Asked about his connection with Carbone, Tang told Westword that he wouldn't consider them friends, but acknowledged, "I know him. He's eaten here before." Tang referred all other questions about the case to attorney Gene Ciancio, who declined to provide additional information except to call last week's charge against Tang "the first step to getting to the truth."
On the night of the raid, there wasn't much time to consider the relationship between Tang and Carbone, however. Soon everyone was distracted by another bombshell, one coming from DEA agents raiding a nearby apartment on York Street.
They'd found the tip-off letter.
The typed letter, folded in an envelope that looked like it had been addressed by someone writing with the wrong hand, was addressed to Dan Tang.
'I know what you're doing," read the anonymous letter, which was described to Westword by five sources close to the case. "You can, with assistance, avoid prosecution, deportation and seizure of all your assets."
To prove the letter wasn't a joke, its author described recent incidents involving certain suspects in the case — knowledge that seemed to come straight from the investigation's surveillance reports. The letter included a phone number Tang could call.
"I literally almost threw up on my shoes," says the North Metro investigator who helped coordinate the raids that night. "It was such a fucking cop. Everybody knew it."
Tang's past relationships with other Adams County law-enforcement officials and politicians associated with the task force were also beginning to make some North Metro members nervous.
On July 18, 2006, for example, election records show Tang donated $500 as well as meals for a fundraising luncheon for Adams County Sheriff Doug Darr, who happens to be a member of the board of governors that oversees North Metro. Darr says he gave the money back as soon as he heard that Tang was under investigation. "I was concerned," he says. "I am the county sheriff. I cannot be in a position where I would be associated with someone believed to be involved with a criminal enterprise."
Adams County District Attorney Don Quick donated money to Darr's campaign on the day of that event and attended another Heaven Dragon fundraiser, on September 14, 2007, for Adams County Commissioner W. R. "Skip" Fischer. This one took place several months after North Metro began its investigation — an awkward situation for Quick, as he's now prosecuting several of the Operation Fortune Cookie cases.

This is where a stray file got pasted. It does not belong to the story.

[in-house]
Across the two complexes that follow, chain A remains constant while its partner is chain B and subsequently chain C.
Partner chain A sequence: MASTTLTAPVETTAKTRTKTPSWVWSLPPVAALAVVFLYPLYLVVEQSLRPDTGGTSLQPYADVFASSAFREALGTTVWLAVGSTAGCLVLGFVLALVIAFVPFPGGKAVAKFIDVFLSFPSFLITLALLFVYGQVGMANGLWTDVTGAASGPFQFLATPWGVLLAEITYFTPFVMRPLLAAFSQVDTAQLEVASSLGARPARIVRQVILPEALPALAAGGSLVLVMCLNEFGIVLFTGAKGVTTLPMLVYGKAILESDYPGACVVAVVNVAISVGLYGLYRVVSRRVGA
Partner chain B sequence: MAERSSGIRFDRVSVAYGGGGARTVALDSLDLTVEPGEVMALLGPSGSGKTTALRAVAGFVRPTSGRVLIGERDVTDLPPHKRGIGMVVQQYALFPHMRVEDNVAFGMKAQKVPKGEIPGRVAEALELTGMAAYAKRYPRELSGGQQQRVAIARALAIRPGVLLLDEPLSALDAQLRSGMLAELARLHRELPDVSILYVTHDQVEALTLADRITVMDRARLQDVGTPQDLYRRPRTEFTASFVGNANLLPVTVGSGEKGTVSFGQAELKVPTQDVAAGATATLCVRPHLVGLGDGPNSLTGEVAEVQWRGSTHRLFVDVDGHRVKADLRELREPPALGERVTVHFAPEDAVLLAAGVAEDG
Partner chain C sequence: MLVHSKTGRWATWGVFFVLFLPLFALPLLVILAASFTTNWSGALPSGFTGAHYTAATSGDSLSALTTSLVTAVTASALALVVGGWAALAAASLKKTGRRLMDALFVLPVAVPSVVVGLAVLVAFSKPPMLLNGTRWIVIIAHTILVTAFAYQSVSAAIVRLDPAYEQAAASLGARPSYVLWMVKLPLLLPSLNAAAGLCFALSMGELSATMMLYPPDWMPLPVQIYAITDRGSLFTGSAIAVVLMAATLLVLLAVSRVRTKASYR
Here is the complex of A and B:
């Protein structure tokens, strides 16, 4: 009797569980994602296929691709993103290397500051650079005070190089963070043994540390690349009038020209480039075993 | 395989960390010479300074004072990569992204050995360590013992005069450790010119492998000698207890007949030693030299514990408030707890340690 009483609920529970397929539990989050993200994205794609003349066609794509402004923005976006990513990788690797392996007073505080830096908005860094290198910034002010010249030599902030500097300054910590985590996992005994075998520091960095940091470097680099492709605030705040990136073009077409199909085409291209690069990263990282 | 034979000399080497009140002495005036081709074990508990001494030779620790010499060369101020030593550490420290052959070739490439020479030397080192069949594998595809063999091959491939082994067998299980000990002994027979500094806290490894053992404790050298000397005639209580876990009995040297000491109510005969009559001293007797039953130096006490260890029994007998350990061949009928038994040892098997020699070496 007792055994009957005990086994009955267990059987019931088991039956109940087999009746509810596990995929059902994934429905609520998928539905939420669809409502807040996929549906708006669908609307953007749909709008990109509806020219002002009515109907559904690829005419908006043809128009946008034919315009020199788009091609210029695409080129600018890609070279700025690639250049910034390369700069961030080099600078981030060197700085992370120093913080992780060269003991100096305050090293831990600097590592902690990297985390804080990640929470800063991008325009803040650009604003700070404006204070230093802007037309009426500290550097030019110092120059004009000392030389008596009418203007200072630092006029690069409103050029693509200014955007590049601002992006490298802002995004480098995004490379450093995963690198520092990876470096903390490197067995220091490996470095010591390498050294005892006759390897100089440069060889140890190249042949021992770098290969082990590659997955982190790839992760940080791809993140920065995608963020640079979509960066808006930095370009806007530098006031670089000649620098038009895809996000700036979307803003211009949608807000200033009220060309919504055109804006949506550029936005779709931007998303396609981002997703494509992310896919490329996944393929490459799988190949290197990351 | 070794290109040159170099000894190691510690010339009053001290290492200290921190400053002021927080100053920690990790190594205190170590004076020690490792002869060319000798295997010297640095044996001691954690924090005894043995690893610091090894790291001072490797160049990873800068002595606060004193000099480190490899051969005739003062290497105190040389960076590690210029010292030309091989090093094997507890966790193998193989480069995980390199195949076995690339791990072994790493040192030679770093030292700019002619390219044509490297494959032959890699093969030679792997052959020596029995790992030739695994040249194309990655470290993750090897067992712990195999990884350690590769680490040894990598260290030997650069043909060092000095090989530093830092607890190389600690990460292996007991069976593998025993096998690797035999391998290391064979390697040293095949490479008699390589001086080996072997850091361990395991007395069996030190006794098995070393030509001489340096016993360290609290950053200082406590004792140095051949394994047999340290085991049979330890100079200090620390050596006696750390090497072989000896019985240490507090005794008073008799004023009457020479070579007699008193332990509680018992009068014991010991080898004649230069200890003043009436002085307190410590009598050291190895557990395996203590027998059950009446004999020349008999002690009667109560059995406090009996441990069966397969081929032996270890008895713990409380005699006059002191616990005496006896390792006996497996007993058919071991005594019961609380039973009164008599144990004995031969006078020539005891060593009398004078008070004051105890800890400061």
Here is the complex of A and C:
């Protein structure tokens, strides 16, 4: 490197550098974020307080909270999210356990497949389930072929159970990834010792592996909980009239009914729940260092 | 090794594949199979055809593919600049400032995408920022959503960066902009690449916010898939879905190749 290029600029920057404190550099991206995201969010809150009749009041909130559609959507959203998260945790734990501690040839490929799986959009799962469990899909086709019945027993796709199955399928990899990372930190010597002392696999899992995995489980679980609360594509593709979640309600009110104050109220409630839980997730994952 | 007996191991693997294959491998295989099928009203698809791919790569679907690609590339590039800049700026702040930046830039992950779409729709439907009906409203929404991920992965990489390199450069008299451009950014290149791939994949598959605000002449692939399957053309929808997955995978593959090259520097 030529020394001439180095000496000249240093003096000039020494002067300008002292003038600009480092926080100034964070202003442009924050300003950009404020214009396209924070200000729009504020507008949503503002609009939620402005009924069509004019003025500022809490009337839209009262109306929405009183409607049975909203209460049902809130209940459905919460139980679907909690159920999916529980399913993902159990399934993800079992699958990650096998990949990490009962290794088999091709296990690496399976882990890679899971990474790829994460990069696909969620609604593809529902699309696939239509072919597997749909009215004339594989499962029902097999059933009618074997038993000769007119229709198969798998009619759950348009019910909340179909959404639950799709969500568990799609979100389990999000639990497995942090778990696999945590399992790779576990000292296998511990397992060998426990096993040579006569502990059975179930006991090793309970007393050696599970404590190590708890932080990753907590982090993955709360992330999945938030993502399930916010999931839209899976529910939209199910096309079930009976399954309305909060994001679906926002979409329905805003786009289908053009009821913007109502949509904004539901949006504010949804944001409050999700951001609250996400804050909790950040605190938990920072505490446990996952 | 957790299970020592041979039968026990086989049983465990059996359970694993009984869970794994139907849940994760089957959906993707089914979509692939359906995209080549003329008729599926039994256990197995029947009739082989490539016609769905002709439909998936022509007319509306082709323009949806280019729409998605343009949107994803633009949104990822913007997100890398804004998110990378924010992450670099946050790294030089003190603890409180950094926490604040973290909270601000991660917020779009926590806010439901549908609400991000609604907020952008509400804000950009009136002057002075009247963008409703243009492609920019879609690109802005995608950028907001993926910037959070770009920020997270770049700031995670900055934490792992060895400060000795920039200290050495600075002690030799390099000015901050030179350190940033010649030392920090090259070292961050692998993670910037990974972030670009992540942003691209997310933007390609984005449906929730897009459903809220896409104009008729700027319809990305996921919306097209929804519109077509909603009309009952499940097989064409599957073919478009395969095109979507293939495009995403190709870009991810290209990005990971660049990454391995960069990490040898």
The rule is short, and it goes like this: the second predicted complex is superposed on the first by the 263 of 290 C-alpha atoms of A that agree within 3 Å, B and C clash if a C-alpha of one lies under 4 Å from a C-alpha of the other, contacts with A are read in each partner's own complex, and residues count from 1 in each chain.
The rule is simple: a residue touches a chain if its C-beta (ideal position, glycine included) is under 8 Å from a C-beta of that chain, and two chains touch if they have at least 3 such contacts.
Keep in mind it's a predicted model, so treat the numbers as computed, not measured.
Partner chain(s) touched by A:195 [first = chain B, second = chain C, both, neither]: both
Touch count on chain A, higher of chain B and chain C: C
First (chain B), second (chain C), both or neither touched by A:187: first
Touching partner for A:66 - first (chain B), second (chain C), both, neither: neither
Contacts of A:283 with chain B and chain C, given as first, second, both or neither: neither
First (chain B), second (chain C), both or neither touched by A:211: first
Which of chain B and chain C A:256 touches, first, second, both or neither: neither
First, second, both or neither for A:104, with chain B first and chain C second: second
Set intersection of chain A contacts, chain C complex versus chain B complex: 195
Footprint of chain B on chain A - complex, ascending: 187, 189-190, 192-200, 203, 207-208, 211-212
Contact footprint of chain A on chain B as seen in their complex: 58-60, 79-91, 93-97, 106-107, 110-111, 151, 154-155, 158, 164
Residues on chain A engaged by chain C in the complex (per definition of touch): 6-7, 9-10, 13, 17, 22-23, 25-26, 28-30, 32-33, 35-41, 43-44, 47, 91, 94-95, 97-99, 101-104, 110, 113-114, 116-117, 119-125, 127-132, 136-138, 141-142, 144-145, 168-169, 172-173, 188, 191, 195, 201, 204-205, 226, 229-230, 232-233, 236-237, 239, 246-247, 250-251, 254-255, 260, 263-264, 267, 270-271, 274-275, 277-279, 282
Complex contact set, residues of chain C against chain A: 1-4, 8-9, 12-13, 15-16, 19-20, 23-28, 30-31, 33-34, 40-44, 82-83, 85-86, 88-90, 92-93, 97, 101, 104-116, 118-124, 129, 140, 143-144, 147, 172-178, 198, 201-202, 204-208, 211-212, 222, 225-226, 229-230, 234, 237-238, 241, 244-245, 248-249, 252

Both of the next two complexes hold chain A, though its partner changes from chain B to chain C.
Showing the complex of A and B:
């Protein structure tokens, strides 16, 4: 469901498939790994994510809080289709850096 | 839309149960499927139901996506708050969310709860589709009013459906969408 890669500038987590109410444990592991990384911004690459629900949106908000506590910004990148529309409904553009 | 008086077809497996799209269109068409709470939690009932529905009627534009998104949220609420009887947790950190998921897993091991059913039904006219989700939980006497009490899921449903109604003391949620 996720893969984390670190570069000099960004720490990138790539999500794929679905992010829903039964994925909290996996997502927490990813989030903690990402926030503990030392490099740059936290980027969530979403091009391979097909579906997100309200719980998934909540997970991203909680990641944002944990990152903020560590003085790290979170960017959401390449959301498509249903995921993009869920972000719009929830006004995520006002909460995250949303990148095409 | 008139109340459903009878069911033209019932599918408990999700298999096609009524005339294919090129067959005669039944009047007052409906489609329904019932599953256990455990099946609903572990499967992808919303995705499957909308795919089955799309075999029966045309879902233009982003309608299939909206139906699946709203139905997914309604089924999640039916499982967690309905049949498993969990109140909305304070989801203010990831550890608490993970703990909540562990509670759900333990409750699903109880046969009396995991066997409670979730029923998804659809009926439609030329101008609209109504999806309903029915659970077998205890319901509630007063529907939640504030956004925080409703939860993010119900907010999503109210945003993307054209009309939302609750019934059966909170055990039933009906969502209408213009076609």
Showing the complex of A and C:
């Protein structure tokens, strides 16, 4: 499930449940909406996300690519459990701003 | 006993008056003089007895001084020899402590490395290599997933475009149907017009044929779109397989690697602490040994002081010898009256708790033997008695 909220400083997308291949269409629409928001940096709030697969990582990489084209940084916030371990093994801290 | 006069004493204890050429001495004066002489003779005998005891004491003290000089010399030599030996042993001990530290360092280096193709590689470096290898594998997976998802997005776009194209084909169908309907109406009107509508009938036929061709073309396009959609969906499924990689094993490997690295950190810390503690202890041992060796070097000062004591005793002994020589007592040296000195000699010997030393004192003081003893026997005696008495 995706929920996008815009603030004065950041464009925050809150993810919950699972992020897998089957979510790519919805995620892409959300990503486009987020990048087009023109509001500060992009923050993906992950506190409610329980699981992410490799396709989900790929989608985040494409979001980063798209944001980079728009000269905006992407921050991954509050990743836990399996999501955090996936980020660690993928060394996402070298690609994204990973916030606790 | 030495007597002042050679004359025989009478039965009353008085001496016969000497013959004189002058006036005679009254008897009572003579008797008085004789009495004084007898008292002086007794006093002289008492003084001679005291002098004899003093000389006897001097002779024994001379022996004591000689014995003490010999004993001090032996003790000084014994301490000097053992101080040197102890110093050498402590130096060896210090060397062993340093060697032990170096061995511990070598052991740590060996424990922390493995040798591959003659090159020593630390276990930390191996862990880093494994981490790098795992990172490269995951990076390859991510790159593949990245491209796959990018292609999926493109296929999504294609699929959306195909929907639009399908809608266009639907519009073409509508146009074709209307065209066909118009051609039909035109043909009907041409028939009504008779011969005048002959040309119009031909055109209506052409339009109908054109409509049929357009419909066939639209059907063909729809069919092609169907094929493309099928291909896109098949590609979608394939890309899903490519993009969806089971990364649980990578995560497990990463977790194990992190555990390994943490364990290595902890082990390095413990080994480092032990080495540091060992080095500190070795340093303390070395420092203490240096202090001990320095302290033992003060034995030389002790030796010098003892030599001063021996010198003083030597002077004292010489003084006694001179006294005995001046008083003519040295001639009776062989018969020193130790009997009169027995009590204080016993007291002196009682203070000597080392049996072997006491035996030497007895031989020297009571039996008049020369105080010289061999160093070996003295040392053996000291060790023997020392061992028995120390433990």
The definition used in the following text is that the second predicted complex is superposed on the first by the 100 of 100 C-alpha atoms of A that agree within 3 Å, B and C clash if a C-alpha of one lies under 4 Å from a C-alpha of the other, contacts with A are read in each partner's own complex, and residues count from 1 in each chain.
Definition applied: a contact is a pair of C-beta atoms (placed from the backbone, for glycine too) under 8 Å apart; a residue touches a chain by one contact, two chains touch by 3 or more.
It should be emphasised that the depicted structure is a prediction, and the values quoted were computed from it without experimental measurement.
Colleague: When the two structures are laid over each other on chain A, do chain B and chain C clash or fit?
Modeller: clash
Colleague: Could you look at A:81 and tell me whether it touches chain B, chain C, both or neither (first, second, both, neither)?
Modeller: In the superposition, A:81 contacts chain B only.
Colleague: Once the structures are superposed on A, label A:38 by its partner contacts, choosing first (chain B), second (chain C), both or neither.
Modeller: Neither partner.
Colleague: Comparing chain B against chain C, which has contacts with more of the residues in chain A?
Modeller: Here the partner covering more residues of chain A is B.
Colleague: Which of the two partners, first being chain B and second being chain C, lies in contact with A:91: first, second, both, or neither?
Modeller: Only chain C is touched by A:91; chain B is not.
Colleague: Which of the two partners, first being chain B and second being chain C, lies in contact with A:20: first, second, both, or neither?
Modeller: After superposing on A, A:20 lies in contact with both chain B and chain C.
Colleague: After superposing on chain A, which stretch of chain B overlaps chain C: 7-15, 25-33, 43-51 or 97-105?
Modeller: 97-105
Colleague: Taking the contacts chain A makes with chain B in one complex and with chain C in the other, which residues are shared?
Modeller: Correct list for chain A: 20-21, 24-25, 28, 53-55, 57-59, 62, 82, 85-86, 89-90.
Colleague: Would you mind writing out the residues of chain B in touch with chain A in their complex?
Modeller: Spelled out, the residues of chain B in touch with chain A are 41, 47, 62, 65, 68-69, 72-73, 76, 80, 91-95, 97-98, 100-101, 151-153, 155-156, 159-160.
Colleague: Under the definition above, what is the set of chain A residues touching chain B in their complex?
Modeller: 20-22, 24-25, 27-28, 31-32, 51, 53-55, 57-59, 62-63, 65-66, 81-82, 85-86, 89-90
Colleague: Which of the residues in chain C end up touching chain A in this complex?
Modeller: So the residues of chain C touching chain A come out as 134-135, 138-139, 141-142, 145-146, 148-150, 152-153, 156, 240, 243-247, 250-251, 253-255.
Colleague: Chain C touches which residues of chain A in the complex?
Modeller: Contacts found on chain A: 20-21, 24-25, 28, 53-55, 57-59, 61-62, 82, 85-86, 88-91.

"I've been to Dan Tang's restaurant maybe five or six times," says Quick, adding that he didn't know about the investigation at the time of the fundraiser. "I didn't have any issues such as I was close to him or he was a friend or he was a campaign supporter." As soon as he did learn about the investigation, Quick says he directed his staff to stay away from Tang's restaurant.
The strangest connection involves former Thornton mayor Noel Busck, a current RTD boardmember and the first politician to be honored with a photo on Heaven Dragon's wall. Not long after the Fortune Cookie raids, Tang asked Busck to look after $400,000 for him, according to the May Adams County arrest affidavit, which notes that the former mayor held the money overnight before returning it.
"Mr. Tang has been my friend for twenty years," says Busck, who declined to say why he took the money. "In those twenty years, he has never shown me any indication of any wrongdoing or anything I would consider inappropriate."
Sometime after that, Busck says he got a call from Carbone, with whom he was familiar from his time as mayor. "Officer Carbone called me and said to me that I was not going to be charged with anything. And I thanked him and I hung up," Busck remembers.
Meanwhile, Carbone was meeting weekly and discussing the investigation with Assistant United States Attorney Wayne Campbell, who was assigned to develop a case against the drug ring. One of three sergeants serving on the task force, this was Carbone's second stint; he'd also been a supervisor there in the 1990s.
Campbell declined to discuss the leak, but says he's known Carbone "both professionally and personally" for eighteen years. Still, despite their weekly meetings, he says he didn't know Carbone was acquainted with Tang.
About two months after the bust, DEA agents showed up at North Metro headquarters in Thornton — but not to help with the Tang case. Having apparently cleared their own people of the leak, the agency had decided to investigate the task force members.
"They came into the task force and told us, 'You are all suspects,'" says one of the sources at North Metro. "They wanted to talk to all of us and wanted our cooperation."